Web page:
It often has been observed during field determination of arsenic species that As III converts to As V during sampling and storage, thus it is reasonable to consider aeration for arsenite oxidation. However, aeration, which is effective for iron II oxidation in groundwaters, was shown to be ineffective for As III oxidation during a field study at three locations in the United States (Lowry, 2000).

A recently completed study at the University of Houston (Ghurye and Clifford, 2000) examined the effectiveness of seven oxidants for converting As III to As V. These were chlorine, permanganate, ozone, chlorine dioxide, monochloramine, ultraviolet (UV) irradiation and Filox, a manganese-oxide-based solid media. The chemical oxidants were dosed at three- and 10-times the required stoichiometric amount based on the As III to As V conversion. This study, which used initial As III concentrations in the range of 50 to 1,000 ppb, also examined the influence of pH in the range of 6.3 to 8.3 and the potential influence of reducing contaminants such as Fe II, Mn II and sulfide. The following is a summary of the results.

  • Chlorine successfully oxidized As III to As V under all the conditions tested. Iron (0.3 and 3 mg/L) and manganese (0.2 mg/L) had little, if any, effect on As III oxidation. Although sulfide (1.0 and 2.0 mg/L) slowed As III oxidation by chlorine, complete oxidation still was obtained in less than one minute.
  • Permanganate was as successful as chlorine in oxidizing As III to As V under all the conditions tested. In fact, it was as fast as chlorine in the absence of any interfering reductants and slightly faster than chlorine when reductants were present.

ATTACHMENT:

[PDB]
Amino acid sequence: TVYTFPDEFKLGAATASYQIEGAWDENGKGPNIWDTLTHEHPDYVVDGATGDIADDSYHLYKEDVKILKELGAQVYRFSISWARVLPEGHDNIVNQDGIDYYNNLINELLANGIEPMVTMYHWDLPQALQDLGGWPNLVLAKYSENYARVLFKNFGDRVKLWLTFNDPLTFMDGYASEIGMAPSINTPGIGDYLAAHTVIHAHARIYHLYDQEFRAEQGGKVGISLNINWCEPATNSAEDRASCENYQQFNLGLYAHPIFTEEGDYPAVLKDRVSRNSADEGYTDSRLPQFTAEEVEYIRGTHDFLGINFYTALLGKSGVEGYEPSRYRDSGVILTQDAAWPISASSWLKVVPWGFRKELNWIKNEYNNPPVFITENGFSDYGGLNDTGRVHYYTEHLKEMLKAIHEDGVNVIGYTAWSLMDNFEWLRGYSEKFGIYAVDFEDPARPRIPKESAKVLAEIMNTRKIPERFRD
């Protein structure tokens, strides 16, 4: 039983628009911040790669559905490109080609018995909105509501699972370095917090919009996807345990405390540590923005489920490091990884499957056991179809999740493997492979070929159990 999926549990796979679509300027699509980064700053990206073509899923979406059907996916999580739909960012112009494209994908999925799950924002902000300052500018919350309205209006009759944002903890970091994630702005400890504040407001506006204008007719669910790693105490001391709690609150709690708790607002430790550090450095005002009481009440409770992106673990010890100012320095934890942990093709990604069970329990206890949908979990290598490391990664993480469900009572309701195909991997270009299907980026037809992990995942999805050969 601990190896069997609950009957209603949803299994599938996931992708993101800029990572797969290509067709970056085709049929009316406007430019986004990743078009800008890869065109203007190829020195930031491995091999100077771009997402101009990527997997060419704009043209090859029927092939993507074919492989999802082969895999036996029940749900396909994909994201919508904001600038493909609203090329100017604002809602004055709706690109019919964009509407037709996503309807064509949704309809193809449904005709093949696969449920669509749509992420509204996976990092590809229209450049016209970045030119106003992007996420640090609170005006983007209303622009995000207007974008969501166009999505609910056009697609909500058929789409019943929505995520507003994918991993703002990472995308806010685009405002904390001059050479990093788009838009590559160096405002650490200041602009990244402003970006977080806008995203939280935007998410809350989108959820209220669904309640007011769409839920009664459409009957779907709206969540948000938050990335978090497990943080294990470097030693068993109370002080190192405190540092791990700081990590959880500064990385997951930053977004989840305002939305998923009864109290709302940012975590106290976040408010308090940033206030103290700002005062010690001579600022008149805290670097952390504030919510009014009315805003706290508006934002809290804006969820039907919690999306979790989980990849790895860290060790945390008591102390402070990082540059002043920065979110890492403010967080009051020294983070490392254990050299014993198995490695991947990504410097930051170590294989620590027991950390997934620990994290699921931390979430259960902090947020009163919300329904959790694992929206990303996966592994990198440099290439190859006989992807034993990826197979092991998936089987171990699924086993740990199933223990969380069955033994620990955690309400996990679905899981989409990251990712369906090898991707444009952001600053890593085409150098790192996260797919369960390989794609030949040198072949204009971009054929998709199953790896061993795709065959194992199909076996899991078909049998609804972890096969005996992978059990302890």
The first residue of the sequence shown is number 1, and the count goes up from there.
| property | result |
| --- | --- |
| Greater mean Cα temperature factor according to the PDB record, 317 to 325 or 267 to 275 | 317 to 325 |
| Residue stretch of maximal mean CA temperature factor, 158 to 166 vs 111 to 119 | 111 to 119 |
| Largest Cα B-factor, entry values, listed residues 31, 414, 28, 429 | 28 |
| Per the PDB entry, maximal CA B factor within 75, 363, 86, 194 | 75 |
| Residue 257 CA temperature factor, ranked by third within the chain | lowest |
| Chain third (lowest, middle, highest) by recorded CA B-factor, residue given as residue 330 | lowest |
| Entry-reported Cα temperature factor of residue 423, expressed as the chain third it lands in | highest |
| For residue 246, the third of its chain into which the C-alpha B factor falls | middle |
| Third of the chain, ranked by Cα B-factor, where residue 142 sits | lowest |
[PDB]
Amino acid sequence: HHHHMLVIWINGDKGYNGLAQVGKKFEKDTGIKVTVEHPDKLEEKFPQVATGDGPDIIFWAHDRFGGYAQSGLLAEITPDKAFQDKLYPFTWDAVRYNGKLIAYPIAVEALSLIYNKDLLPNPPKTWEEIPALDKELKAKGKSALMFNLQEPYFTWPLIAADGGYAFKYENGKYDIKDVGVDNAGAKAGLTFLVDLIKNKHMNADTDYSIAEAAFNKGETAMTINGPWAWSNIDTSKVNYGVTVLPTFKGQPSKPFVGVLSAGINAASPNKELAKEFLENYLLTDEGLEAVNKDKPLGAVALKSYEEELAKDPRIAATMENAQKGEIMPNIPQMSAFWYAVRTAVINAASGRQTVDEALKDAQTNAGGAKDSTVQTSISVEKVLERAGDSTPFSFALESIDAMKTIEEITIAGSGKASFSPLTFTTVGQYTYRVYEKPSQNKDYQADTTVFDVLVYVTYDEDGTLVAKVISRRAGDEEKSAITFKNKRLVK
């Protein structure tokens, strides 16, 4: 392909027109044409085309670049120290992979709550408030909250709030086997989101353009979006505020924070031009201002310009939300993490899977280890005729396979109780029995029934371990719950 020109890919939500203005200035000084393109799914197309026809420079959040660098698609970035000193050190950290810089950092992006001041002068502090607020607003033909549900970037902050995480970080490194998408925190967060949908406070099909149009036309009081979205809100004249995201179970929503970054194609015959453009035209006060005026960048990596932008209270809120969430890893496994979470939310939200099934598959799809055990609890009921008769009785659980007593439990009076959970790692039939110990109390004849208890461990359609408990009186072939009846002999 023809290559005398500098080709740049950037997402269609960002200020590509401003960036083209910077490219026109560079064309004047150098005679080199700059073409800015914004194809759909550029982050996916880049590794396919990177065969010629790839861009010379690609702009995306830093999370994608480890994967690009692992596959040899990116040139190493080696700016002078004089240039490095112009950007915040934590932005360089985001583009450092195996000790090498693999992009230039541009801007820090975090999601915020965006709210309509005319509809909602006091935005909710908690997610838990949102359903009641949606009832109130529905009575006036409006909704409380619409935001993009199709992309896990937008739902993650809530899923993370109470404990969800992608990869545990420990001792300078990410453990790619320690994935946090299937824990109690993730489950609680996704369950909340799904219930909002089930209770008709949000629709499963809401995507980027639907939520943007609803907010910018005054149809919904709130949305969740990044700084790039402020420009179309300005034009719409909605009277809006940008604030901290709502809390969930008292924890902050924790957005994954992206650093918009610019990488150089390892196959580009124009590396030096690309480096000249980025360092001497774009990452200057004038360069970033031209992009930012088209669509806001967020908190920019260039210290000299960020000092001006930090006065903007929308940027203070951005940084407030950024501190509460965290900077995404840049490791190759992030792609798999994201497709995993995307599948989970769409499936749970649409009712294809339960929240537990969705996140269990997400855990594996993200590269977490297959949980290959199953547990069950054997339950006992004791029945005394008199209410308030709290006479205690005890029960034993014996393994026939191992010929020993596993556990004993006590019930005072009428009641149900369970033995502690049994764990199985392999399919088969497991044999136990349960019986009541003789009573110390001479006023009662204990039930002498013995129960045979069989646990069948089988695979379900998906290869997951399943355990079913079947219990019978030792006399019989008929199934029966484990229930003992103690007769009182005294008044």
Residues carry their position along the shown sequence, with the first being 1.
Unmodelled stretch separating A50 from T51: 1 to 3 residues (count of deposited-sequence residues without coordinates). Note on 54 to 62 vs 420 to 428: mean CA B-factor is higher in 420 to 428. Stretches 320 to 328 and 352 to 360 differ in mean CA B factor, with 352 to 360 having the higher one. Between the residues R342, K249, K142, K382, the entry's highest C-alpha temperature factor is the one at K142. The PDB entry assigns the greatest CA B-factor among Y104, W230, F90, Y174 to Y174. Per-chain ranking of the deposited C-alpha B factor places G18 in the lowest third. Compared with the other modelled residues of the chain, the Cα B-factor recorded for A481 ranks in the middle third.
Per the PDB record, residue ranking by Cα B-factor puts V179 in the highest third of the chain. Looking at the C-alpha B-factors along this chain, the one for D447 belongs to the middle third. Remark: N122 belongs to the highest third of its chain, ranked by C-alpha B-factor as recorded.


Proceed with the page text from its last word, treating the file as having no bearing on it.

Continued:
• Ozone was extremely effective at As III oxidation; complete oxidation was achieved in less than 15 seconds. No adverse effect was observed in the presence of either dissolved manganese or dissolved iron, but sulfide slowed As III oxidation considerably.
  • Surprisingly, chlorine dioxide was not effective for As III oxidation. A three-fold stoichiometric dose of chlorine dioxide produced only 20 to 30 percent oxidation in 21 seconds and none thereafter. Even a 100-times stoichiometric dose produced only 76 percent oxidation in five minutes.
  • Preformed monochloramine was ineffective as an oxidant for As III, confirming the findings from earlier research.
  • Filox solid media was effective for As III oxidation under most of the conditions tested. In the absence of interfering reductants, greater than 95 percent oxidation was achieved in both low (0.1 mg/L)- and high (8.2 mg/L)-dissolved-oxygen (DO) waters at empty-bed contact times as short as 0.75 min. As III oxidation by Filox was slowed considerably in the presence of all the interfering reductants tested in low-DO water at a contact time of 1.5 min. with sulfide exhibiting the greatest effect. The effects of interfering reductants were eliminated either by increasing the contact time to six min. or increasing the DO to 8.2 mg/L.
  • UV irradiation alone was not effective for As III oxidation unless an extremely high UV dose (7,000 times the UV dose required for E.Coli inactivation) was used. Even with such a high UV dose, only 73 percent As III oxidation was observed. The presence of sulfite, however, provided for the rapid and quantitative oxidation of As III.


The new arsenic MCL will require the addition of arsenic treatment technologies to many community water supplies. All the currently known technologies suitable for POU, POE and small community treatment systems do a far better job of removing As V compared with As III, which is the natural form of arsenic in many water supplies. Oxidation of As III to As V can be achieved readily by chlorine, permanganate, ozone and manganese-oxide-based solid media. Chlorine dioxide, UV and monochloramine showed little, if any, effectiveness for As III oxidation. All the oxidation processes can be negatively affected by the presence of reductants such as Fe II, Mn II and sulfide.